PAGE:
Murray County MuseumMurray County Museum
Home Page | Planned Exhibits | Research Support | Want to Help? | Why a Museum in Cyberspace? | Updates
Carter's QuarterBarbed WireCherokee Removal FTCivil WarCoulter Dolls
County OfficialsDeath CertificatesEarly ChenilleEarly DoctorsEarly Newspapers
Fort MountainFree Negroes 1870GatewaysHistorical County LinesHistorical Markers
History of MurrayKorean WarLandmarks LostListsMemoirs of a Slave
Methodist ChurchMurray ArtistsMurray CemeteriesMurray CharactersMurray Census 1834
Murray FamiliesMurray Heritage BookMurray High SchoolMurray History 1911Murray Memories
Murray Post OfficesMurray QuiltsMurray SchoolsOld News StoriesPhotographs
Planned DisplaysPoemsPrized PossessionsRoad to Dalton 1950Rolling Stores
Roseville PotterySchool ValentinesStained GlassTime CapsulesVann House
Vann SlavesVeterans MemorialVietnam WarVintage ADsWar Dead
Wood VasesWorld War IWorld War IIWright Hotel 
 Murray County Museum  

The Oscar C. Goins Family

Oscar C. Goins, farmer, Spring Place, Murray Co., was born in Grainger County, Tenn., Feb. 24, 1830. In 1833 his parents moved to Hamilton County, in that state, and settled on a farm among the Cherokee Indians. There Mr. Goins resided until he was sixteen years old, and received his education in such schools as Hamilton County then offered its youth. His father died when he was eleven and the management of the farm fell to him. He moved to Chattanooga when he was sixteen and engaged as a clerk in a mercantile house where he remained for thirteen years. In 1858 he married Esther Reynolds, a daughter of Anderson Reynolds of Chattanooga. He established a grocery and supply house which he ran until the commencement of the war when he entered the Confederate service, enlisting in Co. B, Nineteenth Tenn. regiment, Col. J.C. Cummins. He was commissioned Lieutenant and was engaged in many of the battles of the Western Campaign including the fall of Vicksburg. In the winter of 1863-64 he was ordered home due to sickness and was obliged to retire. He settled in Chattanooga where he engaged as a traveling salesman.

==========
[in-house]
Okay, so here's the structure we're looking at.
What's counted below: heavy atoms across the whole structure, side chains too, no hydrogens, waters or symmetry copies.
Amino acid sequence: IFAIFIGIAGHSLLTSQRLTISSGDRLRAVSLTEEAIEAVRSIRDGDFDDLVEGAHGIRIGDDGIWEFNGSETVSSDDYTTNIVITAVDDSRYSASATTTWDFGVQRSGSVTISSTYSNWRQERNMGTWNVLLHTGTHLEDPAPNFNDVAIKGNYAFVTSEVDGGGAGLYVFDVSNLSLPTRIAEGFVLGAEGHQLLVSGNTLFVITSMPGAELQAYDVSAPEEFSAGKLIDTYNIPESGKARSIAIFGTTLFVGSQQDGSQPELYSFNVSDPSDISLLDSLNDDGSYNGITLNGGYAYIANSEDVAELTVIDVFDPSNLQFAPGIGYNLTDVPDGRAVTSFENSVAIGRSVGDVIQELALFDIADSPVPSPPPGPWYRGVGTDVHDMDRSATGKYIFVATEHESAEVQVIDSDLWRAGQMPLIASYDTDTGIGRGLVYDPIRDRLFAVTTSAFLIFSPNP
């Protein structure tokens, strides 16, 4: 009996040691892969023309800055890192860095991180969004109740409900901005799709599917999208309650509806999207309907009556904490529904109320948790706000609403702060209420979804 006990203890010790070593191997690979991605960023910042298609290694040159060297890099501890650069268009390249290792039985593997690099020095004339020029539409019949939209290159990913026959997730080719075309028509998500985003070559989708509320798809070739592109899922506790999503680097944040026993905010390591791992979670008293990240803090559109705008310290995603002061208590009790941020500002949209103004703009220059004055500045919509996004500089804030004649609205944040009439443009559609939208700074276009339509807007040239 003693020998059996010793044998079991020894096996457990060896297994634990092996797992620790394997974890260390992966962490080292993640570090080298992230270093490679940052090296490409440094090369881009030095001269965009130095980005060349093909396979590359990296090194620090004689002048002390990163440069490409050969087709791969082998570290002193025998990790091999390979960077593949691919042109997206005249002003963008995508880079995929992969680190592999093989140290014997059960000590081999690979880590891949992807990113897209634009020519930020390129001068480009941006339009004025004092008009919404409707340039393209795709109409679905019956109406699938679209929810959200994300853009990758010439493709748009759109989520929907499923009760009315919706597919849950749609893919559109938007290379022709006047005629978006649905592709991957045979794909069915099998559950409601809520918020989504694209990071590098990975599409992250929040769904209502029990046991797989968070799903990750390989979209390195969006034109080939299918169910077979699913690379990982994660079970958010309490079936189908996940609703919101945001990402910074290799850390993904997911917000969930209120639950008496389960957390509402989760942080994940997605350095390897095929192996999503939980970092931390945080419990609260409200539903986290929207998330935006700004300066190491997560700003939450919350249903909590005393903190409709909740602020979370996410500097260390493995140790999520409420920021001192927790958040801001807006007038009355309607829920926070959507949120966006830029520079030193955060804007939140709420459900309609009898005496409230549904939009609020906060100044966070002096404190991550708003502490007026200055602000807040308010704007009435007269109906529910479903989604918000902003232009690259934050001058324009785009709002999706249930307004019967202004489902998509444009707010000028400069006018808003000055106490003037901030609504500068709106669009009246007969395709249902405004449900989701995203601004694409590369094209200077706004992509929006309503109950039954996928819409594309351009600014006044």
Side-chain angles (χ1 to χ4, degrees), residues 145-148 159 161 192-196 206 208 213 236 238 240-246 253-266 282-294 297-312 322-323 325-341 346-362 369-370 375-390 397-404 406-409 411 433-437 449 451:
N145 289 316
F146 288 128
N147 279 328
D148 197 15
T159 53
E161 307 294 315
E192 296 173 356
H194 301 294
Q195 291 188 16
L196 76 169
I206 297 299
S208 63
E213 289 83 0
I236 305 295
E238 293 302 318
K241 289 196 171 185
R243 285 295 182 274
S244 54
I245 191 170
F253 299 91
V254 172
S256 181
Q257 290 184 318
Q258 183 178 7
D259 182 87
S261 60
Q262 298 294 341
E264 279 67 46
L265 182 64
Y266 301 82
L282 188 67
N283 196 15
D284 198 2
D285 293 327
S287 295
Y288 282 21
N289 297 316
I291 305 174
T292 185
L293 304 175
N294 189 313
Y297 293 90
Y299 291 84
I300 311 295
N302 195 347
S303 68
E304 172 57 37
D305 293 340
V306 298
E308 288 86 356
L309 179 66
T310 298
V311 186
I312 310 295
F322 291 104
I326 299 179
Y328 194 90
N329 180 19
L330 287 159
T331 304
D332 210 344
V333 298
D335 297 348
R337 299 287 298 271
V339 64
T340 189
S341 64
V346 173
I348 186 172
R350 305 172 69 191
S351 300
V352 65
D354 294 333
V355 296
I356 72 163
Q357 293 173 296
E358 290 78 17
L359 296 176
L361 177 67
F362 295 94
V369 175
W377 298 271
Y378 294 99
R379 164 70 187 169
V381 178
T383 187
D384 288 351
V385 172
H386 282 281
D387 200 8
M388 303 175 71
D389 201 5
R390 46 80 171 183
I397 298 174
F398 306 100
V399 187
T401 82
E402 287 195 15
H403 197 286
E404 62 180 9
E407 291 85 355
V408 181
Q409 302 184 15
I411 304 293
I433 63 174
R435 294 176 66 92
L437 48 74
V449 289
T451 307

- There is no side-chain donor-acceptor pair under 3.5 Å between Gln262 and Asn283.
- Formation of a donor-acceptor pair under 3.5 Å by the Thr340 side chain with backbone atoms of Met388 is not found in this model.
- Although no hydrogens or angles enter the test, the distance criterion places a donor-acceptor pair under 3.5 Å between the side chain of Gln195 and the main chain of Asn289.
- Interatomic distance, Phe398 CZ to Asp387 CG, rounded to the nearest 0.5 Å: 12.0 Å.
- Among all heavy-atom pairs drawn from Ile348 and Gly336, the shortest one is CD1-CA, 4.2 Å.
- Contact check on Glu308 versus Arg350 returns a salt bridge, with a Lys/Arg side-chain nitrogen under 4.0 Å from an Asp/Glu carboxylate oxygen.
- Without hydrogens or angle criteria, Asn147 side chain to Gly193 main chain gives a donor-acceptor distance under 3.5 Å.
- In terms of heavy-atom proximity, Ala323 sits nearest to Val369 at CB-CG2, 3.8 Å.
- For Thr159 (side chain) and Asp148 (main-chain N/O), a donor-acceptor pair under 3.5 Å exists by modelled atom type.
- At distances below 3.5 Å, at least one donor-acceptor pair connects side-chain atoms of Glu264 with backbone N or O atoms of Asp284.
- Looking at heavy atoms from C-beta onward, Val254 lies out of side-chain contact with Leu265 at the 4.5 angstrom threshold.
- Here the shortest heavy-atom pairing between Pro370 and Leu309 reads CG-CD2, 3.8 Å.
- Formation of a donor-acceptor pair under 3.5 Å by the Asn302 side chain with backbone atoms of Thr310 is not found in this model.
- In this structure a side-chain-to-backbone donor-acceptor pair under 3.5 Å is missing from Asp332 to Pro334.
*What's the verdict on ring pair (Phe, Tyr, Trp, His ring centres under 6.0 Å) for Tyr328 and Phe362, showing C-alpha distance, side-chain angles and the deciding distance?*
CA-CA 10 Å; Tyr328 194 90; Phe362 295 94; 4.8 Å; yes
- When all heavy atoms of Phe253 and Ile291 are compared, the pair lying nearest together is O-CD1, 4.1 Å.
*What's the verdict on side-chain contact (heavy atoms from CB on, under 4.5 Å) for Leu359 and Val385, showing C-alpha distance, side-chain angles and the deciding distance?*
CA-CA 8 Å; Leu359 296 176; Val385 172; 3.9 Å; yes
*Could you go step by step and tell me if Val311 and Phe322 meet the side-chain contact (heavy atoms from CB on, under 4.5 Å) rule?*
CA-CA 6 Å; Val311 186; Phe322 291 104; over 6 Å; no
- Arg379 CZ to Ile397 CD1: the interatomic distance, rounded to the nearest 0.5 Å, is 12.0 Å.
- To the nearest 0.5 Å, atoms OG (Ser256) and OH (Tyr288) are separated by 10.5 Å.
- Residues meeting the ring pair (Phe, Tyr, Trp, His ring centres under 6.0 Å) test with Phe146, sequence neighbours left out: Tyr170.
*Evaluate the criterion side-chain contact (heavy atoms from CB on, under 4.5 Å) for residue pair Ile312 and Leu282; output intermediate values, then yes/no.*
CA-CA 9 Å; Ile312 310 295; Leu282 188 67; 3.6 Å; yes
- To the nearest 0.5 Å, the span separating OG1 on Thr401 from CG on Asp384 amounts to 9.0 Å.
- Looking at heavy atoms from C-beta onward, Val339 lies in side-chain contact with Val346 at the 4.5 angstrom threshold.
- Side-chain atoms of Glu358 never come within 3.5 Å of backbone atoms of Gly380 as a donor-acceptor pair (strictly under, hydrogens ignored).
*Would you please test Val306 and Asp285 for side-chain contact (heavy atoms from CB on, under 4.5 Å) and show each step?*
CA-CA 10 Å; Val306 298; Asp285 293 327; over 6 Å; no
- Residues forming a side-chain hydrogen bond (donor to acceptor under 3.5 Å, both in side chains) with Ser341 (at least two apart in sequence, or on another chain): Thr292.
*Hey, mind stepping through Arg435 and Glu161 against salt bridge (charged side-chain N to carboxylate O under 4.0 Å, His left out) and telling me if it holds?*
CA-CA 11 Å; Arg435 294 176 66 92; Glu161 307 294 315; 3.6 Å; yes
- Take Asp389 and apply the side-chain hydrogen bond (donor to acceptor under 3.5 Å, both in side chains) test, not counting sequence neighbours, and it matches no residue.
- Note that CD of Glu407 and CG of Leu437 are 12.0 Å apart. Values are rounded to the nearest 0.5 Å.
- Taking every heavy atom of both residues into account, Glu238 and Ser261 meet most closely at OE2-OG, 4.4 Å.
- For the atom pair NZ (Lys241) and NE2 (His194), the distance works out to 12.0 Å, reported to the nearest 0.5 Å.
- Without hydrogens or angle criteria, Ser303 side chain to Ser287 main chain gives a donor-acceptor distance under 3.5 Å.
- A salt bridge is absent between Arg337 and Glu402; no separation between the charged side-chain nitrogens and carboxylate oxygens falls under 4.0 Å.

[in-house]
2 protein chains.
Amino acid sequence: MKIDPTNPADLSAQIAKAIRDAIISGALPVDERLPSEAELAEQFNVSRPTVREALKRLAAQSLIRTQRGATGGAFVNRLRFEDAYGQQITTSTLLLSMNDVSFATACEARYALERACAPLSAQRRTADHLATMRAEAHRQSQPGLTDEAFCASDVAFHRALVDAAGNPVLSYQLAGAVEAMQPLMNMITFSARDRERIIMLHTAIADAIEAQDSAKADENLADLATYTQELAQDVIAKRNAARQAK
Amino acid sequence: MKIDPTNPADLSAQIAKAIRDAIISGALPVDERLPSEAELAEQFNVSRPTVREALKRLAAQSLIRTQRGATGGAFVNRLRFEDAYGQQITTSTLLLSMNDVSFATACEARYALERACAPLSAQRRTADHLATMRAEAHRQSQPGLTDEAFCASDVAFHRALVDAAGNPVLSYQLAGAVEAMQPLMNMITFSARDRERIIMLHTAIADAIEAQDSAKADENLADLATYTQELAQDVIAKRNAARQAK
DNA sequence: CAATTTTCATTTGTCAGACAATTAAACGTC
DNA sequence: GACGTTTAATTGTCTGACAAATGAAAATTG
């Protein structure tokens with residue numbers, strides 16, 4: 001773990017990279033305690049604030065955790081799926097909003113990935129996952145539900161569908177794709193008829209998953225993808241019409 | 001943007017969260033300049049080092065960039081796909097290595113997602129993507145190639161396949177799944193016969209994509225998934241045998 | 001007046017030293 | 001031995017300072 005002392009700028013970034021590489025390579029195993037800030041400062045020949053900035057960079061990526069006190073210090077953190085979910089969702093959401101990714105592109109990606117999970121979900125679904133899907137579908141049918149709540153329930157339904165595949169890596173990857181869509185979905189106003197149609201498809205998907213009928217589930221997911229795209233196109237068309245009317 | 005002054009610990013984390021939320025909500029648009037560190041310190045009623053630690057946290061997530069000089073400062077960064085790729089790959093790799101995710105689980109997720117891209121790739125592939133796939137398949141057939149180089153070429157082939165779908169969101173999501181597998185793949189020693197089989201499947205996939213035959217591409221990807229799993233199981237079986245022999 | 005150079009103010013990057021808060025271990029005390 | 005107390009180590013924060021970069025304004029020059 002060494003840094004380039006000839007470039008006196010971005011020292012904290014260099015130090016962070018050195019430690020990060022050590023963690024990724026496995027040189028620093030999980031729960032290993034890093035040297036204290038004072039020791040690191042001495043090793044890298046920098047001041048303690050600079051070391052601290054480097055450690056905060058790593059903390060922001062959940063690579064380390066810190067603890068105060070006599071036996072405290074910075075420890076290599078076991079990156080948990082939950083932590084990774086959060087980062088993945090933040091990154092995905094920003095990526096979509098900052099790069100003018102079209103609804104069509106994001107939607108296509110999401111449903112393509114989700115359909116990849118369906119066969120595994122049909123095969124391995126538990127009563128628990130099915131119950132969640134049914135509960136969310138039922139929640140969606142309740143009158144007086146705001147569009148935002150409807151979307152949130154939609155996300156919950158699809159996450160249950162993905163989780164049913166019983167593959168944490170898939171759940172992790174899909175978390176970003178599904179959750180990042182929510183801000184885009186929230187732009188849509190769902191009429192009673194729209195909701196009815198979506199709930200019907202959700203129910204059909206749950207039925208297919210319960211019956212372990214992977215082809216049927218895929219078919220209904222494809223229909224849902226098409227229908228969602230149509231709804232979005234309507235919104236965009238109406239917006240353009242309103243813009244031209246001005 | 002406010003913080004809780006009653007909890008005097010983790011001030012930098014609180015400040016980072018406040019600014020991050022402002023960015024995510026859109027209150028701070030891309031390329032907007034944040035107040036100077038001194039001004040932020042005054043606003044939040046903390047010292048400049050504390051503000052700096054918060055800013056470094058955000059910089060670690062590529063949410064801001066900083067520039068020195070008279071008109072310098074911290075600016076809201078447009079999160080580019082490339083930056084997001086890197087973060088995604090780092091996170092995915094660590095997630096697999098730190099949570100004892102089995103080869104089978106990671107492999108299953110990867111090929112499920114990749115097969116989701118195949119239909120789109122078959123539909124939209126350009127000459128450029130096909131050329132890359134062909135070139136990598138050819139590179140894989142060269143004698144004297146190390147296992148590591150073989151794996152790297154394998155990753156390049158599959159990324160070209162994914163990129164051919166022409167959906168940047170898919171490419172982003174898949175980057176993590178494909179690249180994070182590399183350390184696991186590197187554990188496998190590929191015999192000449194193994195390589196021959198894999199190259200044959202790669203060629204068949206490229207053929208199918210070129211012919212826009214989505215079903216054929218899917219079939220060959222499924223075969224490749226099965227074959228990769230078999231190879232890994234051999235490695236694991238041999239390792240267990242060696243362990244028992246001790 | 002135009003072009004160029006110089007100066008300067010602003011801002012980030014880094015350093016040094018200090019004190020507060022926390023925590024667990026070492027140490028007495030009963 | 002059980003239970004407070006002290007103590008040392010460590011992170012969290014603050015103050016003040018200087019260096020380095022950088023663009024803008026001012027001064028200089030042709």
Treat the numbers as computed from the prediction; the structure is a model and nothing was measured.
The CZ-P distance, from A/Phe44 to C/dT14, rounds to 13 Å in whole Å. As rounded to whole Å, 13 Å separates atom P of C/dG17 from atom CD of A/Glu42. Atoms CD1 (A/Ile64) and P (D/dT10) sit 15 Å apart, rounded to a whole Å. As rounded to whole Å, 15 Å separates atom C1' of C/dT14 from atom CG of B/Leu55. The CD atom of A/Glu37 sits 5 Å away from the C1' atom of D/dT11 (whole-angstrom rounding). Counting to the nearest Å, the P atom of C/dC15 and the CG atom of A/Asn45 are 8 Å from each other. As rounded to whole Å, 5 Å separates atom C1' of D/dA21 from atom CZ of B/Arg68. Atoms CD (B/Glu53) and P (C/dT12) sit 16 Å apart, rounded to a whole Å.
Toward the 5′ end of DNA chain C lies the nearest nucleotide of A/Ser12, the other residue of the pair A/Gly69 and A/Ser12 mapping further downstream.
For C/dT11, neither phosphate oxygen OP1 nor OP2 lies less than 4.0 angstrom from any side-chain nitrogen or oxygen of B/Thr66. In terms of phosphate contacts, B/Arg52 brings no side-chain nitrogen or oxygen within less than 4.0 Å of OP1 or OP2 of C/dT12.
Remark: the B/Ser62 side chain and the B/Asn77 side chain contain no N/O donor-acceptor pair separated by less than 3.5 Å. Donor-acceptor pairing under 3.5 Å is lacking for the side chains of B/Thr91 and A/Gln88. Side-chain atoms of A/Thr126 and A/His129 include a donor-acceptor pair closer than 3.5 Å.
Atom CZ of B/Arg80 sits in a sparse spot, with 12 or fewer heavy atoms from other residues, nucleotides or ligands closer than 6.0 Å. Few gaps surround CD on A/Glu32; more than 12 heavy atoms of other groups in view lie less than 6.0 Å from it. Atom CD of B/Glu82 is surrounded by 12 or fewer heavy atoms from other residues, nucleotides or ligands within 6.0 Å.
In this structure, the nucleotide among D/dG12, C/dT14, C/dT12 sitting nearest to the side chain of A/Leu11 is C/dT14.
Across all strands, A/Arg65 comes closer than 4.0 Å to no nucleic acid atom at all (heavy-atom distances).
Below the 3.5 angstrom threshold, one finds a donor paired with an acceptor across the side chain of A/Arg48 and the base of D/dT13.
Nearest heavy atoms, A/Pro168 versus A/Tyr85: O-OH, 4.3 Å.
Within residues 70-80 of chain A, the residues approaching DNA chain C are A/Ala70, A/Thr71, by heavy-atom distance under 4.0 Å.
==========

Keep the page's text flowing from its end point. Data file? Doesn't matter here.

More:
In 1873 he settled in Murray County, Ga., near Spring Place, on the plantation formerly owned by Chief Vann. He developed this estate into a beautiful productive farm.

Note that this was written in 1895 from "Memoirs of Georgia "pub. 1895.


Previous PageMurray County Families

  Murray County Museum 
Copyrighted 2005 - 2020 Murray County Museum - All Rights Reserved